Originally Posted by Tincon
Same thing he did during Heller oral arguments. Have a listen for yourself, he is about the least confident person I have ever heard at SCOTUS oral arguments. This guy is no "rock star", he just got lucky, and had a great deal of amicus support. If you ever meet him you might ask him what would have happened had Sandra Day O'Connor not retired before Heller was heard. It was certainly not foreseeable when he filed his case.
I think most people that have actually studied the court realize what a disaster Heller would have been if that hadn't happened. Which of course is the reason the NRA hadn't filed a similar suit. The little known truth here is that thanks to Gura we nearly lost the RKBA forever. But, of course that isn't how history played out...
I don't even know where to begin with the amount of incorrect statements. Some of it is merely opinion, and some of it is dressed up as fact.
It was well known in DC legal circles that Justice Sandra Day O'Connor was looking to retire, and Chief Justice Rehnquist was in failing health. During the 2000 election debacle, she reacted in horror at Florida being called for Gore. Justices tend to want to leave when a President can appoint someone of somewhat similar mentality. She was not a fan of Gore, and her husband's on again off again health problems pushed her to stay on for an extra few years. As soon as 2005 rolled around, she retired off the bunch, was originally replaced by John Roberts, but then Rehnquist died so she was replaced by Samuel Alito.
Here's a little more early history:
Ashcroft’s letter renounced the militia theory of the Second Amendment and endorsed the individual-rights view. The Justice Department now “unequivocally” supported the view that the amendment guaranteed “the private ownership of firearms,” the letter said. Soon afterward, Ashcroft sent around a memorandum to all federal prosecutors officially informing them of the administration’s new position.3 James Jay Baker, the chief lobbyist for the NRA, stood before a raucous crowd at the NRA’s convention in Kansas City to tell them about Ashcroft’s letter. “One year ago, at our last gathering, I warned that we stood at a crossroads,” he began. “I was not exaggerating when I said the 2000 election would determine whether we marched into the 21st century with new hope for our Second Amendment rights—or whether lawful gun ownership in America would slowly be fading to just a faint memory.” With “anti-gun” Al Gore defeated, “we now have a President, and a Vice President, in the White House who respect our rights as gun owners, and who honor the Constitution that guarantees those rights.”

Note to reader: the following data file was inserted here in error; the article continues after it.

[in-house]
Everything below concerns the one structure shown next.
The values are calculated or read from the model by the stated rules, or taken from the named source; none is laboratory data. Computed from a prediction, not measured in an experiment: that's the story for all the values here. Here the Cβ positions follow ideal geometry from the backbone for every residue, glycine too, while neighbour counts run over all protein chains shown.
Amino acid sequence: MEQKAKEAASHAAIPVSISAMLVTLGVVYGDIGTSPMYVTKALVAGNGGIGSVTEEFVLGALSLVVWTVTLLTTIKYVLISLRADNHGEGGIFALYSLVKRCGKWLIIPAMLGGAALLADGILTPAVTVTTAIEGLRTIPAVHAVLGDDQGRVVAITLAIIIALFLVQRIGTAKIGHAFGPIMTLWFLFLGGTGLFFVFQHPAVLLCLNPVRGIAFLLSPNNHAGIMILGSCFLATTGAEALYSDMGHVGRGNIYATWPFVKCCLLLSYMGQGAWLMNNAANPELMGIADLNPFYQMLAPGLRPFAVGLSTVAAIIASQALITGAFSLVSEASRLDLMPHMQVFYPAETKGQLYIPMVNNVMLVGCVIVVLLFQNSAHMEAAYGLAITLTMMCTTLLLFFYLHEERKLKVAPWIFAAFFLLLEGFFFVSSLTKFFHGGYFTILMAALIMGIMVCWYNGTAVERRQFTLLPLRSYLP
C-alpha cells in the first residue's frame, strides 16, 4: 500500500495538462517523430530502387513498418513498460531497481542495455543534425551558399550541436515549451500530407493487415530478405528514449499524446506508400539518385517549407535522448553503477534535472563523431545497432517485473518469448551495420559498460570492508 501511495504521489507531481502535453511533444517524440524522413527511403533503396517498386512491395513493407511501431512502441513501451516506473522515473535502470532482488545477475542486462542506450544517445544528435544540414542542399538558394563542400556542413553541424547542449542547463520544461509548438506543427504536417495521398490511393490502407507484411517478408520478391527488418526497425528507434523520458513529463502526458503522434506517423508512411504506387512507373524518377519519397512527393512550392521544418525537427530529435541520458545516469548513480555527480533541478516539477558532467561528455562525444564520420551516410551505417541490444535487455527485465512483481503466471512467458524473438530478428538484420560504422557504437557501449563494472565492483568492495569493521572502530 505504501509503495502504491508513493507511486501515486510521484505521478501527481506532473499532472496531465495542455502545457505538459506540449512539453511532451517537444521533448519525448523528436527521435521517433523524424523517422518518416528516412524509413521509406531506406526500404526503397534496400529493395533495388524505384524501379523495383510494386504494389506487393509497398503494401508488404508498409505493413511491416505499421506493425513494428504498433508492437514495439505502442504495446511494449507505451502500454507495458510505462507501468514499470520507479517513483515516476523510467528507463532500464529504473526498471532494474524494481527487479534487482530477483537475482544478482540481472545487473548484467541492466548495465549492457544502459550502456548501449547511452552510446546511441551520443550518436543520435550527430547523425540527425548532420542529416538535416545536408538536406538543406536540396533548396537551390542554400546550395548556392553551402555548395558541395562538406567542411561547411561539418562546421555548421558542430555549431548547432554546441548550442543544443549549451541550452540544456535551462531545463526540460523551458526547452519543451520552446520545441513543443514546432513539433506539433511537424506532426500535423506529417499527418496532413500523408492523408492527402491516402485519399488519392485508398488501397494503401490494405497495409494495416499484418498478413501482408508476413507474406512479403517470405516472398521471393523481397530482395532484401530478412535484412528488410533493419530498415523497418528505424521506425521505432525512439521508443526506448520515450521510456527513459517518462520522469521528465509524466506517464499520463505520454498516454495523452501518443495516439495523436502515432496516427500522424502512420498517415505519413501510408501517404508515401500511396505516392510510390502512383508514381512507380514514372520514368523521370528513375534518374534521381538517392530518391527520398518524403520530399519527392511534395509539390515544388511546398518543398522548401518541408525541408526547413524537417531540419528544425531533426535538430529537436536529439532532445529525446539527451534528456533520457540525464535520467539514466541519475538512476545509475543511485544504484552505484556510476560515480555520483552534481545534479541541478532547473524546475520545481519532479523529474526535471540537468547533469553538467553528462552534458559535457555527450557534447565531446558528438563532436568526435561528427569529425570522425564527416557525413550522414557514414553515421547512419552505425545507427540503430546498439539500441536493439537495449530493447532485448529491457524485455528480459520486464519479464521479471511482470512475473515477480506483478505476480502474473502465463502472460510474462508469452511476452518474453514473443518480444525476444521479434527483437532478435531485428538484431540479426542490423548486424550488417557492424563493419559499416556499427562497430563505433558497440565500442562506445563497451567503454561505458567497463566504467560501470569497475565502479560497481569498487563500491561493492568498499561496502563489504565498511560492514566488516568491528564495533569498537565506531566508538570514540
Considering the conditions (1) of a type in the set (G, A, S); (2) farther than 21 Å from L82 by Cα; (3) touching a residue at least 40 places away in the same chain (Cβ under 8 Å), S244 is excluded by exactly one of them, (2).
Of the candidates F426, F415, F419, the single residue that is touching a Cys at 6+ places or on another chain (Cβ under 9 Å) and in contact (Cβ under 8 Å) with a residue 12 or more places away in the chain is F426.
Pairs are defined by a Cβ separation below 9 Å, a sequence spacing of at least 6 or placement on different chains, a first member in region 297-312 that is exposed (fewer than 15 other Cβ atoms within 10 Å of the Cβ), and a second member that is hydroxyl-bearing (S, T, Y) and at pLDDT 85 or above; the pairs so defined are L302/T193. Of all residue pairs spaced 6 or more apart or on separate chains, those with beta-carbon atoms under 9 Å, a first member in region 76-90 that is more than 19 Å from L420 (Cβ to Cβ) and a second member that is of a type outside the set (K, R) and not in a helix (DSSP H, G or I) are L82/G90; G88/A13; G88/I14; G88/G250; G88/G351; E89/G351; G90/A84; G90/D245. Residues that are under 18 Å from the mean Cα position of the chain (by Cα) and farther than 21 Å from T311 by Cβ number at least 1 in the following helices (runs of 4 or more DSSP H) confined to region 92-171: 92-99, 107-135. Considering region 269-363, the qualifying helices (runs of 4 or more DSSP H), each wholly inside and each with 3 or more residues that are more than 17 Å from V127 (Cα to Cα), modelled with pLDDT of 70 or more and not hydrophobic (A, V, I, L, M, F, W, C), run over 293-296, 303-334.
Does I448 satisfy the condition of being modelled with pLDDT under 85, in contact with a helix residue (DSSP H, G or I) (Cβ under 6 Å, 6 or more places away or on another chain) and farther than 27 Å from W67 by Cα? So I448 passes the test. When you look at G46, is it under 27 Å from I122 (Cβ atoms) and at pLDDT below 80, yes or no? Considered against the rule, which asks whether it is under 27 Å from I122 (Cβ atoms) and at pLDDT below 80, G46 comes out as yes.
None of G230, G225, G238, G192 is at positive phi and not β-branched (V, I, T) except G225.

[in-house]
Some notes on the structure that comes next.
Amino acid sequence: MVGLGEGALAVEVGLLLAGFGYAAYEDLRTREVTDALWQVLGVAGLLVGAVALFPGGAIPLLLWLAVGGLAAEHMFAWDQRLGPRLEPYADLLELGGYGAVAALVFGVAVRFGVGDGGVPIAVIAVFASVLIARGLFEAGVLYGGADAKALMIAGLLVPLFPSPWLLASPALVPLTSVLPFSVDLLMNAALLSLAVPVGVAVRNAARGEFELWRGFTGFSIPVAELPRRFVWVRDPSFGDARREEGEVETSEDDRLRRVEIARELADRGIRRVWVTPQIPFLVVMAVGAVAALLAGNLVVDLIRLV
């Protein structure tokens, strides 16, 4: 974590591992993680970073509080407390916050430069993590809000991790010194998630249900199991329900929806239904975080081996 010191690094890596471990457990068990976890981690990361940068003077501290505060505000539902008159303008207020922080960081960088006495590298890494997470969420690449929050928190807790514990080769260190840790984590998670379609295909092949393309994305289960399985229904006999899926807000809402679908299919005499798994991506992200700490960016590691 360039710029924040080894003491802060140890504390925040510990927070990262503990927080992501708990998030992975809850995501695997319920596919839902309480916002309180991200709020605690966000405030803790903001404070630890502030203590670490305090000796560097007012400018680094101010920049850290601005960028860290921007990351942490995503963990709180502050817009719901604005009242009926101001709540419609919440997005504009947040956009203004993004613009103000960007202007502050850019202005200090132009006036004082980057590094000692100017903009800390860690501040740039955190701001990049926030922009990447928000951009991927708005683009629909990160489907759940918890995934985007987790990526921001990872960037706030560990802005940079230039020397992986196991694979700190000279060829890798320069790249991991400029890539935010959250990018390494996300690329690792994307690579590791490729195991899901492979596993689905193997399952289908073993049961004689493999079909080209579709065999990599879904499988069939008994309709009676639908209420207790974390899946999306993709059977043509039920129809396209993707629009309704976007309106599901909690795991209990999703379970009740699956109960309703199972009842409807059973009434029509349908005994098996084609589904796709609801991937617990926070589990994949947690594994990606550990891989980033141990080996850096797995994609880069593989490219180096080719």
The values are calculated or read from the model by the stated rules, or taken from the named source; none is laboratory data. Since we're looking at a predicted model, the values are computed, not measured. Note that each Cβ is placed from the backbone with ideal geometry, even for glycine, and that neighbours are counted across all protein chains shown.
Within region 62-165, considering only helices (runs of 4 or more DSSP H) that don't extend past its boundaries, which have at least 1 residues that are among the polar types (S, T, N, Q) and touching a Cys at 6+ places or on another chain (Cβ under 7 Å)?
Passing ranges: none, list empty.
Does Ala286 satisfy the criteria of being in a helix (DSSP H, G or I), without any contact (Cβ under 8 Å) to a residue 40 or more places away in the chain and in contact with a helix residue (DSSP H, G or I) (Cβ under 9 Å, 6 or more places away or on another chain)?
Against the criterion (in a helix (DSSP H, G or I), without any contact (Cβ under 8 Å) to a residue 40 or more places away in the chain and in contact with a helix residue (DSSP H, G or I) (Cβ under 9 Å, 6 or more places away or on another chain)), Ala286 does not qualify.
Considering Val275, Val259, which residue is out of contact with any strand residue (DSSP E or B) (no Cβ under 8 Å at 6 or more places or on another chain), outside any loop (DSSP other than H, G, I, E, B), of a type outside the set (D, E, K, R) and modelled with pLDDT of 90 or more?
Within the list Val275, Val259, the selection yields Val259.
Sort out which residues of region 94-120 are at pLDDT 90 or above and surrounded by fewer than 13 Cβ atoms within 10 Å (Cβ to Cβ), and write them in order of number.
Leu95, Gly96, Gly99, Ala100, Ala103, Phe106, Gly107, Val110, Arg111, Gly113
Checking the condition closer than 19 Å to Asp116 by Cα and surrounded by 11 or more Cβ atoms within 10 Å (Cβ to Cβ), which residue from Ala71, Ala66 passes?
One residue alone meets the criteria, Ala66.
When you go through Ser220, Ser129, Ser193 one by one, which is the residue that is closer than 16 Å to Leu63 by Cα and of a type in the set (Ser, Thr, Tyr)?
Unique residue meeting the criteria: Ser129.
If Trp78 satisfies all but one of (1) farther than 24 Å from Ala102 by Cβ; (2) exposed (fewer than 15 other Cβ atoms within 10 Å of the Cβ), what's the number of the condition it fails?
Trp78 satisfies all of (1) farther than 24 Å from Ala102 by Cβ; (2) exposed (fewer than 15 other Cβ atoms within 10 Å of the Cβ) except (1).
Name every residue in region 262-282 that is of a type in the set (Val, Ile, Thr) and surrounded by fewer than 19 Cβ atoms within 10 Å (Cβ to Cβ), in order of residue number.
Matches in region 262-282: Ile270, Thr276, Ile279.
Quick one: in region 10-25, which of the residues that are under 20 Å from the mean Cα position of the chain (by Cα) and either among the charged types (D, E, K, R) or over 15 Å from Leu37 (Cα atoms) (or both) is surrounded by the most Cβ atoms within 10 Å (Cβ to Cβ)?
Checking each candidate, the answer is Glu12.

After Baker read an excerpt of the letter, the audience erupted in thunderous applause. “Ladies and gentlemen, fellow gun owners, fellow officers and members of the National Rifle Association, it is indeed a new and better day.”4 In November of that year, a federal appeals court in Texas took Ashcroft’s cue and held that the earlier decisions interpreting the Second Amendment to apply only to state militias had been wrong. The case, United States v. Emerson, involved a man who had been brought up on charges of illegally possessing a firearm. Timothy Joe Emerson’s wife had previously accused him of threatening her, which led her to obtain a temporary restraining order against him. Under federal law, a person under such an order is prohibited from possessing firearms. Emerson, however, refused to give up his Beretta pistol and was indicted. Emerson argued that under the Second Amendment, he should be able to keep his gun because the Constitution guaranteed him the right to have one for personal self-defense. The federal appeals court agreed with the broad outlines of Emerson’s interpretation of the Second Amendment. The original meaning of the Second Amendment, the court said, was to guarantee individuals, not just militias, the right to bear arms. Nevertheless, because people with a history of violence could be legally barred from possessing guns, the court explained that Emerson had to stand trial anyway. Emerson appealed to the U.S. Supreme Court, but the justices decided not to hear the case. As they had for decades, they avoided weighing in on the Second Amendment controversy. Still, the lower court decision in the Emerson case marked a profound shift in the law. For the first time in decades, a federal court had agreed that the Second Amendment guaranteed individuals, at least law-abiding ones, a right to have a gun.5 Sipping his drink at happy hour, Clark Neily wondered what Ashcroft’s letter to the NRA and the Emerson case meant for the future of the Second Amendment. With his square jaw and short cropped black hair, Neily would have looked at home in military garb, but his round, wire-rimmed glasses suggested an occupation in the more traditional professions. His uncanny ability to speak in paragraphs without a stutter or pause gave him away as a well-trained lawyer. And he was notorious around his office for being a fierce and intense litigator. “If there were a black belt in litigation, Clark Neily would own one,” said one of his colleagues. “This is one hard-charging, take-no-prisoner, lay-it-on-the-line kind of guy."...